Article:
Son brings us back to the original community we read about in The Giver, and tells us the story from the perspective of Water Claire and ties up the q...moreSon brings us back to the original community we read about in The Giver, and tells us the story from the perspective of Water Claire and ties up the questions about the place where Jonas and Gabe were born.
Everyone in the community is assigned a ‘job’ at the age of 13. Claire was given the job of Vessel. ‘Vessels’ carried ‘Products’ (um, babies) and at 14 Claire produced her one and only product in the form of a Son. There was an issue with the birth and she was relieved of her vessel duties, but she never forgot about her son and was determined to find him at any cost.
I loved The Giver, and really enjoyed the Messenger and The Gathering Blue, so I was very pleased to find out there would be a final chapter in the story. I thought Son delivered nicely upon my expectations. I also have to say that I really like Lois Lowry’s style of writing, everything I’ve read of hers is a bit hard to describe, dreamlike would be the closest I could come.
“It be better, I think, to climb out in search of something, instead of hating, what you're leaving.” (less)
If this book didn't have a dog as one of the mian characters this would have been a three star for me.
Hig survives a super flu out break that kills o...moreIf this book didn't have a dog as one of the mian characters this would have been a three star for me.
Hig survives a super flu out break that kills off everyone he loves except for his dog Jasper and his airplane The Beast (which is also the name of an awesome roller coaster at Kings Island in Cincinnatti). He teams up with a man who is now a sociopath, but might not have always been before the shit hit the fan. They hold up at a small airport that they can protect with the help of a tower, a few guns, good aim, a dog that growls at the sign of trouble and the Beast that Hig flys to scope the area for intruders. Because, you see, everyone turns mean and murderous.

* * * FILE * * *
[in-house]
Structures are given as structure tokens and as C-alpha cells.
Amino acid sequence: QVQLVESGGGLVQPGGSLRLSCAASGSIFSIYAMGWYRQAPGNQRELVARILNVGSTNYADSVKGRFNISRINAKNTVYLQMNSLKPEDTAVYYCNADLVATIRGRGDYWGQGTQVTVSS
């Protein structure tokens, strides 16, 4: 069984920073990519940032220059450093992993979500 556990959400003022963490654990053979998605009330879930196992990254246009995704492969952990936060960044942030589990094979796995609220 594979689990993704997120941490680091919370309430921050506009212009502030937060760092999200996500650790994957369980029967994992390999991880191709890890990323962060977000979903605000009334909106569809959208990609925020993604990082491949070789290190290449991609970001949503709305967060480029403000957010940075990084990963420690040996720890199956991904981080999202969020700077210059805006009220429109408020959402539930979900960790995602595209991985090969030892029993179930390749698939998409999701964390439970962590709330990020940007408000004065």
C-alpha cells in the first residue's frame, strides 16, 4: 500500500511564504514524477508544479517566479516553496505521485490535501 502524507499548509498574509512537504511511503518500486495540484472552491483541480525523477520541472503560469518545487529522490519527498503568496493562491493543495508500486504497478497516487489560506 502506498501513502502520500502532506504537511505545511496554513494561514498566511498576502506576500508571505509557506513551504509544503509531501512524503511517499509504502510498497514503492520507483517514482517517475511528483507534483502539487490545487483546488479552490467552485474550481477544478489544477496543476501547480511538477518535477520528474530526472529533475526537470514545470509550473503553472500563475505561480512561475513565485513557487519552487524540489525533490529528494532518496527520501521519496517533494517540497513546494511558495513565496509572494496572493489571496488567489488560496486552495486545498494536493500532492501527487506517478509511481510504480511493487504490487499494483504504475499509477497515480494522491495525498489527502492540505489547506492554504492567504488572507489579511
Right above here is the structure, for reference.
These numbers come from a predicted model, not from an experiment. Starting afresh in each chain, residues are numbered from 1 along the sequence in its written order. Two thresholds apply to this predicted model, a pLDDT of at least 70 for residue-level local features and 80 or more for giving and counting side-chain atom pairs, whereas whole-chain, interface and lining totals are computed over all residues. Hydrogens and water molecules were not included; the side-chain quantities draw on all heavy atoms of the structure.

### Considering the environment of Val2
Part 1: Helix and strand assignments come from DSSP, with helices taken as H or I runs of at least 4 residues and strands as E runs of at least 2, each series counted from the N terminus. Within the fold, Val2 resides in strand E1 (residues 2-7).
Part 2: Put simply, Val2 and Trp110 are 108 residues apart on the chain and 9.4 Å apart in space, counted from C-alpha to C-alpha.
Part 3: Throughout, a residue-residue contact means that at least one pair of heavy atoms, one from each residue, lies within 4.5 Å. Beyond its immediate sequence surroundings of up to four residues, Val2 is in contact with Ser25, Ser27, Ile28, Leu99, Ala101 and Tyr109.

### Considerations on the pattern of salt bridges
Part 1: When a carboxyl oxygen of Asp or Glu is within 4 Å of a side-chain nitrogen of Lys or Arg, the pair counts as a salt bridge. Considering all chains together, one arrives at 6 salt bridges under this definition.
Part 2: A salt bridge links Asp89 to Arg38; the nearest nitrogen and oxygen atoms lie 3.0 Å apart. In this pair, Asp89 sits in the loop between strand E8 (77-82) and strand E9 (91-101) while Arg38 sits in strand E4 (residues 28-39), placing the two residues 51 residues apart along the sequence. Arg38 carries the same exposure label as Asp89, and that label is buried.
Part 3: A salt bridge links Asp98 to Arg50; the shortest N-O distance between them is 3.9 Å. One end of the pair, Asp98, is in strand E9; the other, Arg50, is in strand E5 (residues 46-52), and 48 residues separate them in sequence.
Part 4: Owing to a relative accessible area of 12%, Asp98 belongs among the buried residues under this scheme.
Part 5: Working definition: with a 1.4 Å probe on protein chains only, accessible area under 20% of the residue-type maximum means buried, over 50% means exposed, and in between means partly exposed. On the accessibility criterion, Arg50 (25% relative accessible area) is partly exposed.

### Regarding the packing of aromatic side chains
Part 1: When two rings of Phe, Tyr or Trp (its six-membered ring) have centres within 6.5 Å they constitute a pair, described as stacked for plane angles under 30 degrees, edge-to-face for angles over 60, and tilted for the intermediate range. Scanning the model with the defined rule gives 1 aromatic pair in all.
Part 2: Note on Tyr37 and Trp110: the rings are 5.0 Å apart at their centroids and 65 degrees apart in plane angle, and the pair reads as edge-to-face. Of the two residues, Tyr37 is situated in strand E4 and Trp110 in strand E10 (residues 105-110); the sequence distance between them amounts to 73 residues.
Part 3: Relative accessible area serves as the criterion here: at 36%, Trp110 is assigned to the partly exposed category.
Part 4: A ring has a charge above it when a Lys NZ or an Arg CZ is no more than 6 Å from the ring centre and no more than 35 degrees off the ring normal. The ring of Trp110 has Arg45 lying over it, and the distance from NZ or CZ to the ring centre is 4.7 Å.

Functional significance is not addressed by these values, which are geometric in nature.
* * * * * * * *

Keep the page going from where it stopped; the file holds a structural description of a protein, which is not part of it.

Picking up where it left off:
This is a problem I am beginning to have with books like this (I know it's distopian), the assumption when something really bad happens, like a super flu, everybody who had moral values prior to the event turn into killing machines automatically. I don't believe that is the way it would go down in reality. When 9/11 happened everyone pulled together and were kinder to one another than they were on 9/10, at least for a little while. So I believe if a pandemic were to sweep the globe and kill almost everyone, human nature would bring people together probably out of shear loneliness more than anything. "oh hi there! Good god it's been a long time since I've seen another face! Too bad we can't talk and get to know each other because I have to kill you.". Bang! "Now that's a shame."
But that would'nt make for a very good story, and this story was about a bleak future for the human race. As far as that's concerned I think the author did a good job. I did have an issue with the part where after Hig finds a couple of other people and after he convinces them not to kill him and then plans to fly them out (view spoiler)[, he does all this math to calculate how much weight he can safely carry on take off, figures out he would have to leave the man and take the woman...but barely. So the plan is to pick up the man from a near by stretch of highway where take off would be easier, ok, cool, that's smart. They load up the plane with gear, a couple of lambs, and the girlfriend and they just barely make it over the trees. Hey, dumbass, why didn't the girlfriend, gear and lambs go to the highway with the dad? I'm sure if the frail women couldn't walk some kind of cart pulled by left behind livestock could have been devised! (hide spoiler)].......so that was kind of rediculus.
But the best part of the book is the relationship between Hig and his dog Jasper. Jasper is all that is left of his old life, a reminder of how life used to be before. He did a good job with that.